What’s in store for you over the rest of 2012?

My brother and I are currently viewing premises to open a Studio Gallery in Brighton this year. It’s in the early stages right now, so we are keeping everything crossed. We will be having solo and joint shows for our Artist mates as well as ourselves. There will be themed months where we show a selection of art, design, ceramics, and homewares that all come together for each theme. These include Steampunk, Burlesque, Diwali: the Indian Festival of Light, and we will be planning something great for the Brighton White Nights Festival. Watch this space.

Thanks to Lucy for giving me this opportunity to rave about myself, my life and my work, very much appreciated. Long Live The Blog, it’s a great way to share information and common interests.                                                                                                                                                           ——————————————–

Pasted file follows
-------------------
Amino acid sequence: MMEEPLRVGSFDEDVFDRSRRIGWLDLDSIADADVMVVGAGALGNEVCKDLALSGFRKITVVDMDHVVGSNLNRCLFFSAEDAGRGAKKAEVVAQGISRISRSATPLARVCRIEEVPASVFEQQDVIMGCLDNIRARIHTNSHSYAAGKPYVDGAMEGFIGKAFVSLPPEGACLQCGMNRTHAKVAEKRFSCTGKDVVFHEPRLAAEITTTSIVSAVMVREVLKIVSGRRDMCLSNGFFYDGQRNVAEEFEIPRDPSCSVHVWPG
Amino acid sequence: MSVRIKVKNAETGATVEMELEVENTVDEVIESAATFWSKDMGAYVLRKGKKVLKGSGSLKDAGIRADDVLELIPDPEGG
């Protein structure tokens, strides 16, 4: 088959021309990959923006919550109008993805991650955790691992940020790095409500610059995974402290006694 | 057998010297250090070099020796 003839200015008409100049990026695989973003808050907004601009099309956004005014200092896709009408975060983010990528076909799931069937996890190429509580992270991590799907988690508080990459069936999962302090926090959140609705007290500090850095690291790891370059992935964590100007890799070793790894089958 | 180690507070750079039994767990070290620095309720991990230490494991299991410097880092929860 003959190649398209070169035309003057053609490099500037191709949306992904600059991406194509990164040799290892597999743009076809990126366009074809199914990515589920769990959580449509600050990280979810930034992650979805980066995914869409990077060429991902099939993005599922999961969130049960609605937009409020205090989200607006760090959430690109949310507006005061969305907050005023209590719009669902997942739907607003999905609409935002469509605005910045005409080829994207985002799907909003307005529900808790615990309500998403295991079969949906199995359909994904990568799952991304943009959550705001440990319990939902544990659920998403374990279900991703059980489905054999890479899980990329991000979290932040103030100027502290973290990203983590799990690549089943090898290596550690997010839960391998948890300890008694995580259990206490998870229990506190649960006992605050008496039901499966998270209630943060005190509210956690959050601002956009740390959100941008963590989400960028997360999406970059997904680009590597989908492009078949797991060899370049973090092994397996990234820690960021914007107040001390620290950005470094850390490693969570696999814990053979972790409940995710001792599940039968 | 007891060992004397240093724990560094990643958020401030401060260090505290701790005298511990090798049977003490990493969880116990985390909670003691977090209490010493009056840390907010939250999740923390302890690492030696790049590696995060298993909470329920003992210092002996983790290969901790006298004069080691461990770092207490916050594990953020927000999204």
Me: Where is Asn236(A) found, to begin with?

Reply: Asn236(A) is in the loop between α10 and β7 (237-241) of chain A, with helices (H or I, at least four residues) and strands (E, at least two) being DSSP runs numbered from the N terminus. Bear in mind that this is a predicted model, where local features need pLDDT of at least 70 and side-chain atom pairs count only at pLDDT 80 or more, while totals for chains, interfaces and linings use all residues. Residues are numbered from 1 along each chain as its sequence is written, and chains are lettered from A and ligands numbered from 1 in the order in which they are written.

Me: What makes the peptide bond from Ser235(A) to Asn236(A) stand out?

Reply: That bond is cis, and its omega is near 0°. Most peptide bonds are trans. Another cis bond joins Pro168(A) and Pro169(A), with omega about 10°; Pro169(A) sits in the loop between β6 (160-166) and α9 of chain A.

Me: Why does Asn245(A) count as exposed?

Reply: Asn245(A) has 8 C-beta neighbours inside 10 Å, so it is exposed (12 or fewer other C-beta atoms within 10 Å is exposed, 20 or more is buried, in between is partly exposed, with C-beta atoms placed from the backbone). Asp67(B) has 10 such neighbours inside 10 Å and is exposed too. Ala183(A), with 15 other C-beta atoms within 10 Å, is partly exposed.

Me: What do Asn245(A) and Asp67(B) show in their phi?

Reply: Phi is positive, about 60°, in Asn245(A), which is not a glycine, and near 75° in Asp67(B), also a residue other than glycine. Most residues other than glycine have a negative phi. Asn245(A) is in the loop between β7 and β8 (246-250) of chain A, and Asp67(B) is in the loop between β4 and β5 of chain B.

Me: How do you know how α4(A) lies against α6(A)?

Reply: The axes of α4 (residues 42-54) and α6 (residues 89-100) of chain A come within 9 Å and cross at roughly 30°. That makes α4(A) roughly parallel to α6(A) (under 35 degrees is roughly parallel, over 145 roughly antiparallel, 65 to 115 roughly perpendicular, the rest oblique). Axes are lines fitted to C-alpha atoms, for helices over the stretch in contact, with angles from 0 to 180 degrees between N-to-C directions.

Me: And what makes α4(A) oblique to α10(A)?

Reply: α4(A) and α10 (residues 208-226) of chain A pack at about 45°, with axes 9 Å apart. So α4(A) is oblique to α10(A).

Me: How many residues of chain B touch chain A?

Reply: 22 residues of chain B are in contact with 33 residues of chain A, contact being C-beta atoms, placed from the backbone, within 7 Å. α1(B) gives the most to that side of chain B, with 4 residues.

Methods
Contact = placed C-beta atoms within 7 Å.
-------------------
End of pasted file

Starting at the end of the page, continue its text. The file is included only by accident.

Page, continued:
Thanks so much to Kitty for sharing her inspirations, her work absolutely inspires me on a daily basis! Now for the Giveaway and what a generous prize it is !

Please go to my Comments page and tell me why you would like to win this Kitty Finegan Limited Edition ‘Muddy Waters’ print.

THIS GIVEAWAY IS NOW CLOSED

TERMS AND CONDITIONS

I will select and announce the winning entry on Tuesday 3rd April at 2pm.
The prize may not be exchanged and no cash alternative offered.
Only one entry per email address.
No purchase necessary.

Fingers Crossed for ya xx

Another great artist to add to the kitsch mix…

funfair
I must have art on the brain today. Another great  website called EyeCandy by freelance Lisa Ashcroft is on my radar.

Lisa is a versatile artist and also works with tattoo artists by designing artwork for them.

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Do you ever get that tummy flip when you see a painting with all the colours that you love ? Her work does that to me.

Paintings that you can study for hours are my favourite.

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Lisa Ashcroft uses textiles and lots of hand stitching so it’s a blend of textures and wow, the colours are gorgeously bright and intense. Inspired by her own tattoo work and kitsch, street art..

What do you think of her work ?

Lucy x